11 Video Examples & Discussions of Shared Housing Communities from Around the World

While shared housing has a lot of perks, doing it right can be a daunting task.

Personally, I find it helpful to remind myself of all of the successfully shared houses that there are out there. I’ve lived in some myself, and they’re a ton of them out there that I already know about. I also find out about new ones that I’ve never heard of all of the time.

That’s part of why I wanted to share the videos below with you. They’re just inspiring. But there’s another reason too.

People who have had success with shared housing have already been down a road that you may just be beginning. And most of them have learned the hard way what it takes to make this work. By listening to their stories, we can learn what really matters with this sort of thing and get actionable advice to make our own dreams a reality.

Ready to get inspired?

Here are several uplifting stories about thriving shared houses from around the globe.


This first video is of my friends and I living together in Asheville, North Carolina


This video shows the impact that shared housing has on people facing hard times, including homelessness in Dallas, Texas.


A beautiful example of multigenerational shared living from Australia


Australian news report covering examples of senior shared housing in Tazmania


A group of self-sufficient seniors living together in one of four shared homes created in Chicago by the nonprofit Senior Housing Share


Three Boomers aging in community in Ontario Canada


This Japanese example of a shared house features a younger set of housemates, but it’s pretty neat.


There are also some broader discussions of shared housing that look at the movement more deeply.


In Manchester, UK, people old and young discuss the desperate need for shared housing in their community.


Organizers Pat Dunn and Louise Bardswich discuss shared housing within the Aging in Community movement in Canada.


Margaret Manning and Bonnie Moore dig into why so many women over 60 are interested in shared housing.


Finally, I recently filmed a short video of my own covering what I have found works and what doesn’t from my own experiences with shared housing.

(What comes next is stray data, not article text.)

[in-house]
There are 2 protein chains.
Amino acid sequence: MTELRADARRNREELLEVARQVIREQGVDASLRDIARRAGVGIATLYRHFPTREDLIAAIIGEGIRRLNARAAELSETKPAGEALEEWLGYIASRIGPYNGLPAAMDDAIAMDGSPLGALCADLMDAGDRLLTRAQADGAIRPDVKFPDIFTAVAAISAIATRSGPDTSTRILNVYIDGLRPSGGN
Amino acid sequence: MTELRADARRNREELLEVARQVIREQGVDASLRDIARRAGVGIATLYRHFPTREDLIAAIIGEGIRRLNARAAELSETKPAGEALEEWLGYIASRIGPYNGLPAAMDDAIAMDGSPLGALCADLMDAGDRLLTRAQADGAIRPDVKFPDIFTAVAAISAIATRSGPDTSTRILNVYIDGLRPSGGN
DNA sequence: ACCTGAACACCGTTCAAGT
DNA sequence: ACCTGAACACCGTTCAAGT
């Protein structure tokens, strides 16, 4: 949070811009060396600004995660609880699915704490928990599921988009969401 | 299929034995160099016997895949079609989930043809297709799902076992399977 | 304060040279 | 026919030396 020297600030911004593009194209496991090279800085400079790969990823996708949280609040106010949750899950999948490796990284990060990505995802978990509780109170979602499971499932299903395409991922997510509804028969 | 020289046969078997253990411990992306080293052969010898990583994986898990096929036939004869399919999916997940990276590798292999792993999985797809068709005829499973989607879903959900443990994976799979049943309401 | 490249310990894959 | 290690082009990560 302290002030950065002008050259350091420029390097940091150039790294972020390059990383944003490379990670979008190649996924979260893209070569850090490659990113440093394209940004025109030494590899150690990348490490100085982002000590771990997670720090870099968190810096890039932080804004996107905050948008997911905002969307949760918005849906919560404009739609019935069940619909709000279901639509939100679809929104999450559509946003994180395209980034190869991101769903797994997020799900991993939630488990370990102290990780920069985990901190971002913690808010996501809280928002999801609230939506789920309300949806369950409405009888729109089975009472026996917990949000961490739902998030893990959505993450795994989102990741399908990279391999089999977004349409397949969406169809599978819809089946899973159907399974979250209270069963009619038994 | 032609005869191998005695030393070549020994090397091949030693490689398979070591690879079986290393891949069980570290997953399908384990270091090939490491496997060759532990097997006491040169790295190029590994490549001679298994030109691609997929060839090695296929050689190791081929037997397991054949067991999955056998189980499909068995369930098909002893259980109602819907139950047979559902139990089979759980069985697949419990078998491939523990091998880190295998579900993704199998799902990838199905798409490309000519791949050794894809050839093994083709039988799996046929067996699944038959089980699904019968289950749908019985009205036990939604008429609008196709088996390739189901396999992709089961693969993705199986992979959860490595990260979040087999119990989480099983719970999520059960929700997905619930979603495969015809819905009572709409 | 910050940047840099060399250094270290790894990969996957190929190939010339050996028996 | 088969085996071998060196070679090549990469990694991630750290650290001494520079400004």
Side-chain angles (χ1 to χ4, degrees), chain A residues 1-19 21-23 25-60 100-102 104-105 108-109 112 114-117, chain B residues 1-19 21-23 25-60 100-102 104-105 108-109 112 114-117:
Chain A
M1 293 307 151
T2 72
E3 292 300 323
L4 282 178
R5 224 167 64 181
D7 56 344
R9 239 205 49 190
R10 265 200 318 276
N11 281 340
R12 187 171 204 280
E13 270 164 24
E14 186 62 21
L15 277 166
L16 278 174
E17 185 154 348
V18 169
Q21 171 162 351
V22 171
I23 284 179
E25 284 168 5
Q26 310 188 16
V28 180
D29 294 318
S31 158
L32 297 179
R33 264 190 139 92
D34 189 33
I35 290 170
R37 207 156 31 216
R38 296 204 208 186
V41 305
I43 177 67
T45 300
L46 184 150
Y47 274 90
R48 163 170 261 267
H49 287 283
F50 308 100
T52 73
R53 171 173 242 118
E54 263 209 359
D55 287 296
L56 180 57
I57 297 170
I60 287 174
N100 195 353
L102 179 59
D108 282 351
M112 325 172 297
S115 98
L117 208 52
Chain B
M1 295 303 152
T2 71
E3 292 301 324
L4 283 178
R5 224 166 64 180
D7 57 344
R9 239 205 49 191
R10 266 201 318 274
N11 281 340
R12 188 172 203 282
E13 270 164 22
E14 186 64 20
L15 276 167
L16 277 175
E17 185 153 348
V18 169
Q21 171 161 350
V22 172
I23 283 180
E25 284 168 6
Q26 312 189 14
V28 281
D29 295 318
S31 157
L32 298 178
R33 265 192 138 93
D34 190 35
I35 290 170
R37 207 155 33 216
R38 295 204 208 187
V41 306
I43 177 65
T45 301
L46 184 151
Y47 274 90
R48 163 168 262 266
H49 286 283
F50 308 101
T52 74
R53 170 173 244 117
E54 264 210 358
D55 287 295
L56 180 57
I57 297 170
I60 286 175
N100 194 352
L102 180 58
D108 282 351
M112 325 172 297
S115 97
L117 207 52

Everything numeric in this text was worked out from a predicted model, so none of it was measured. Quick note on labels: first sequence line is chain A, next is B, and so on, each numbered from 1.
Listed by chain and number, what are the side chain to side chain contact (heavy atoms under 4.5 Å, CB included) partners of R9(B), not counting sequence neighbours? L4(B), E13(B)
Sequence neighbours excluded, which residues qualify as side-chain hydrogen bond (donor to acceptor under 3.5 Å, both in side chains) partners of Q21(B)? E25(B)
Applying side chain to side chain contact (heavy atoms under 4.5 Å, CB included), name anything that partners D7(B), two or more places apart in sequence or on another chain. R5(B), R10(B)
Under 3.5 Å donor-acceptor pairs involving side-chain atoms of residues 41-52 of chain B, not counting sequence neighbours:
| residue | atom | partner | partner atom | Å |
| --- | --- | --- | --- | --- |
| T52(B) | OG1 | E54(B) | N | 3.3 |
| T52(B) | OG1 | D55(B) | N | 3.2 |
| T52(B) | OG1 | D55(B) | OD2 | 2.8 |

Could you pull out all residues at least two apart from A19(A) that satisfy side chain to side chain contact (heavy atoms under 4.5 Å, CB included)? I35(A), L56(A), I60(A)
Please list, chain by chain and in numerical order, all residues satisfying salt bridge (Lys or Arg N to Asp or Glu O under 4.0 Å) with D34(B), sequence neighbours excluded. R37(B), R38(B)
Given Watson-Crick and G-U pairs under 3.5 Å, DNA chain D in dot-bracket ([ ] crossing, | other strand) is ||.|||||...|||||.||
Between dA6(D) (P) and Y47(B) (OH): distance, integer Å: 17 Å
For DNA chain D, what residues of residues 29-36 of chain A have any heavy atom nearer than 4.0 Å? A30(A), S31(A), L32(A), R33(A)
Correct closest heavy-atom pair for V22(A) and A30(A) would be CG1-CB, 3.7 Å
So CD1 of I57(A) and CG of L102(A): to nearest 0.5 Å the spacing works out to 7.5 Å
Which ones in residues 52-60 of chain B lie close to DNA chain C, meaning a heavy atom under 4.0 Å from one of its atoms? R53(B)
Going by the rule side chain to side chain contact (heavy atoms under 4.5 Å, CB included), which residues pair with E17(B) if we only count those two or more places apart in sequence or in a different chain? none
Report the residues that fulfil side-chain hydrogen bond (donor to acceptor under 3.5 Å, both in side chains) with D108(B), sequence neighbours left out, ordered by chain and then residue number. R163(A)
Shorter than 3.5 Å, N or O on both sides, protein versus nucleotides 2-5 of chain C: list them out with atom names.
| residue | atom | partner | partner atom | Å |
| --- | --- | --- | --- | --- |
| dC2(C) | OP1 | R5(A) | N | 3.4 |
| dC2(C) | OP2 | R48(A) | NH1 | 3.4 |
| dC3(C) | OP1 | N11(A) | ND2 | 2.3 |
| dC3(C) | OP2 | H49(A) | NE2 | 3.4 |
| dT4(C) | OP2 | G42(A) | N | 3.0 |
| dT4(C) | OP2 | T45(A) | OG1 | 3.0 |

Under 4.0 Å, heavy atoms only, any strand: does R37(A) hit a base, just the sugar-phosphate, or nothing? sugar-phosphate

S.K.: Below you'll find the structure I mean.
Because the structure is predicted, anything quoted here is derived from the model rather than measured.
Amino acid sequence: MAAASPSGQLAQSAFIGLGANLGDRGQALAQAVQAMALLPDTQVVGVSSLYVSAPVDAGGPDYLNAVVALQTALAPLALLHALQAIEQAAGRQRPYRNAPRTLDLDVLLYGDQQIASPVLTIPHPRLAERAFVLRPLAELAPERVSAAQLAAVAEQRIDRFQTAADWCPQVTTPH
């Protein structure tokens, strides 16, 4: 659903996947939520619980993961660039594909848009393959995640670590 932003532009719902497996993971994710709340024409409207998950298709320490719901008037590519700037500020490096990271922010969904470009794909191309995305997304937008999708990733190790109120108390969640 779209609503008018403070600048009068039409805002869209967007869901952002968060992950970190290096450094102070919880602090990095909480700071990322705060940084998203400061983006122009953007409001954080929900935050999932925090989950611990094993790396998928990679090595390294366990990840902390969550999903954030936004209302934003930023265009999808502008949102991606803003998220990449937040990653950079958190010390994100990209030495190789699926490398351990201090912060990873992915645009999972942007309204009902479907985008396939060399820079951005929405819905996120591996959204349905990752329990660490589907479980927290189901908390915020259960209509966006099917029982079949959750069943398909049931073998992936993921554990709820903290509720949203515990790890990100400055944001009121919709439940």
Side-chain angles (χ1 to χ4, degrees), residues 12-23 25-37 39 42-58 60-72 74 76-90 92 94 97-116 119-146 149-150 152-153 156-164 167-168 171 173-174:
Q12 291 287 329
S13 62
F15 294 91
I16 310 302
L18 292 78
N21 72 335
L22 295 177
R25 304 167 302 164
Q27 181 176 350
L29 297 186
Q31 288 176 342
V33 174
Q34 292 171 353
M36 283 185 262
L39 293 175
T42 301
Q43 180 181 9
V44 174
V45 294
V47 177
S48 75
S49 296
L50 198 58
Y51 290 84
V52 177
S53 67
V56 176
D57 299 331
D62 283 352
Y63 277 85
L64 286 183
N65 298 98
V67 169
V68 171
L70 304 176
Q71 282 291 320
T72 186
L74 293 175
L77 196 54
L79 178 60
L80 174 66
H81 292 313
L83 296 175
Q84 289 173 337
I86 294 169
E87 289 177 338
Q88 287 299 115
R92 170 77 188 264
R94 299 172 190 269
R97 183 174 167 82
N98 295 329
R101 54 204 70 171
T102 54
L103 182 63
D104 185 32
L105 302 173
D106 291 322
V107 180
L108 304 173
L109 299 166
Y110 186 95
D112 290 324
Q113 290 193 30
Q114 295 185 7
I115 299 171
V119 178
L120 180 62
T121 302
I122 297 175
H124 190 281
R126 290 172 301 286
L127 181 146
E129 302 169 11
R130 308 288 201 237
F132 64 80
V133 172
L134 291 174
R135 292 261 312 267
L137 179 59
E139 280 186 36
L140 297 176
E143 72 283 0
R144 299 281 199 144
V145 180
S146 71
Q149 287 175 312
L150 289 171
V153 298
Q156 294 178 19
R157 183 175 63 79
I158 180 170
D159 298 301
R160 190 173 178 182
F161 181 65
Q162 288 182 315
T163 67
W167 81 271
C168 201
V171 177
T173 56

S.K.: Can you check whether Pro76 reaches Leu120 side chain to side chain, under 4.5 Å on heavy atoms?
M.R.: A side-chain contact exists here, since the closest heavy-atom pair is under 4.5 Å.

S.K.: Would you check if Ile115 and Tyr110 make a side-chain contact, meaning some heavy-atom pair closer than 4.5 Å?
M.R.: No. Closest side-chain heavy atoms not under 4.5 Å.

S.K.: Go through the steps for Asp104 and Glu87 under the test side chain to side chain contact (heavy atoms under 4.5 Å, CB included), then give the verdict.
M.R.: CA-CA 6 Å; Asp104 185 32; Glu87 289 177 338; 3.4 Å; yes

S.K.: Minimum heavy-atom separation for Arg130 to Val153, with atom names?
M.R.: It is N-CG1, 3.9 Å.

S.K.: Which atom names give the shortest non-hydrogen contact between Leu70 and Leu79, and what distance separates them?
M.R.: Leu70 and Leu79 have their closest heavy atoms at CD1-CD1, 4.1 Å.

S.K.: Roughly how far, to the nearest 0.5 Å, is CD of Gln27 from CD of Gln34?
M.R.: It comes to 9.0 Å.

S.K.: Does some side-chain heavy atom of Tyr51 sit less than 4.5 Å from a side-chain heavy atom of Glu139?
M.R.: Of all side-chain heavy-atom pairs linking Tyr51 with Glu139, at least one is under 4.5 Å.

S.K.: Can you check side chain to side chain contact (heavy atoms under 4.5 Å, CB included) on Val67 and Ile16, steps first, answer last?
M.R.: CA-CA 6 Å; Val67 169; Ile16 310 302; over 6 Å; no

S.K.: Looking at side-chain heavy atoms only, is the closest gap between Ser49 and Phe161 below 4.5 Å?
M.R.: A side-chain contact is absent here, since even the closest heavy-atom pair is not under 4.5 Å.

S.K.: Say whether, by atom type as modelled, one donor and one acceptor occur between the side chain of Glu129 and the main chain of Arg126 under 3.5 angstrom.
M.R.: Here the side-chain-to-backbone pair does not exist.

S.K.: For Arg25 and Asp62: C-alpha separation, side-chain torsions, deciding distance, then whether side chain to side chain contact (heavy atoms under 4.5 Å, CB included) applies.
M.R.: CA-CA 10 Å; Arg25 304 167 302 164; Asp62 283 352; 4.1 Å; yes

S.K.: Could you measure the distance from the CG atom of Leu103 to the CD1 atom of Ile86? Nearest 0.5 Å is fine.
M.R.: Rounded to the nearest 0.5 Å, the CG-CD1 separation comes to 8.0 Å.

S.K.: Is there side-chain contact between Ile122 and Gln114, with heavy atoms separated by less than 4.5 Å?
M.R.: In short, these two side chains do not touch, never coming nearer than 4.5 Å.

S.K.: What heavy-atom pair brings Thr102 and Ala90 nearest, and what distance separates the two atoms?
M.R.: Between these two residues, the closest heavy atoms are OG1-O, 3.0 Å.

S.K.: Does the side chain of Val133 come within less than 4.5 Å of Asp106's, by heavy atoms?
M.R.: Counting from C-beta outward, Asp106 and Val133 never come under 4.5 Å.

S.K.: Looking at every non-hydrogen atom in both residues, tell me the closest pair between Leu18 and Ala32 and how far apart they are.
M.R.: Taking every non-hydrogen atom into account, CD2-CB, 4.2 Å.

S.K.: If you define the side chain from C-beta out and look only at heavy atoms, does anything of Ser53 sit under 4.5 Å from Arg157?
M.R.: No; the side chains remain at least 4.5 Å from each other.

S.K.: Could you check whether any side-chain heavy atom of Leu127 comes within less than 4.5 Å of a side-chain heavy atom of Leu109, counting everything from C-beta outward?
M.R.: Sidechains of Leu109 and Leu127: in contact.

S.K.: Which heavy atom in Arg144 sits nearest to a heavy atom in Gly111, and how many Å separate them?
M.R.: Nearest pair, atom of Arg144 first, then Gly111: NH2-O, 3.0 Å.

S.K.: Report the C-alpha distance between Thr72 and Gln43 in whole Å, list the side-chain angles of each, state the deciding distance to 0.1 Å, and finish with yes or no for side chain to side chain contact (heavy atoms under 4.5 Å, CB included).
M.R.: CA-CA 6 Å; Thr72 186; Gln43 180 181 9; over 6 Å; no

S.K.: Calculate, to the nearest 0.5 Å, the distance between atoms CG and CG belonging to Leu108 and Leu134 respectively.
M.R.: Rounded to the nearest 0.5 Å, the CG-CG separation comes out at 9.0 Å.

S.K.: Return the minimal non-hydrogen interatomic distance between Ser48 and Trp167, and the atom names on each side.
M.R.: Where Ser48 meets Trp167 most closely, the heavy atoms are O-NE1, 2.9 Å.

If you have found these videos helpful, join the conversation on Facebook.

And if you are ready to dig deeper, I have a next step for you to take.

I recently put together a FREE exercise just for you that I think you’ll find helpful. It’s actually repurposed from my book, Your Quest for Home.

It’s called Casting a Wider Net in 4 Easy Steps. It’s a mind mapping exercise designed to get you heading in the right direction when you are thinking of who might live in your shared house. While it’s designed for folks who are in the planning stage of creating their community, it should be interesting regardless of where you are in your journey.

To receive it, simply enter your email address below, and I’ll get it right to you. And if you decide to put it to work, please let me know! Seriously, I love that kind of feedback.

Sign up below to receive my free exercise for finding your people!

Feeling inspired to take the next step? Great!
Sign up now for my FREE exercise for finding potential community partners, Casting a Wider Net in 4 Easy Steps.

Please note: we do not share or sell your email information.

Free Webinar: Calling in Your Tribe During Uncertain Times

In the face of our global health crisis, many of us are wondering whether we have deep, sustainable connections with a community we can rely on when times get tough. Sadly, most of us would say, “No.”

We hunger for community. We want our tribe back. And that’s why I want to share an upcoming free webinar with you called “Calling in Your Tribe.” It’s being presented by two dear friends of mine, Bill Kauth & Zoe Alowan Kauth.

I have been through Bill & Zoe’s workshops many times both in person and in online classrooms. I organized bringing them and their training here to Asheville in recent years.

And it’s been through their inspiration, insight, and masterful facilitation that I have been able to create a tribe of my own. Now, they’re sharing some of what they have to offer with you through a free webinar that’s taking place on Tuesday, March 24. I highly encourage you to register now.

Until the coronavirus brought things to a halt, we’ve all been so over-busy, distracted, and siloed in our work or our primary relationship, that we’ve felt the hunger for deeper support…but it hasn’t appeared available or possible for us

Culturally, we’ve been led to believe that we don’t need each other and that building true community isn’t possible anymore.

The truth is we really do need each other…it’s deep in us. 

Do you feel the call to tribe? Would you like to become a conscious community-builder?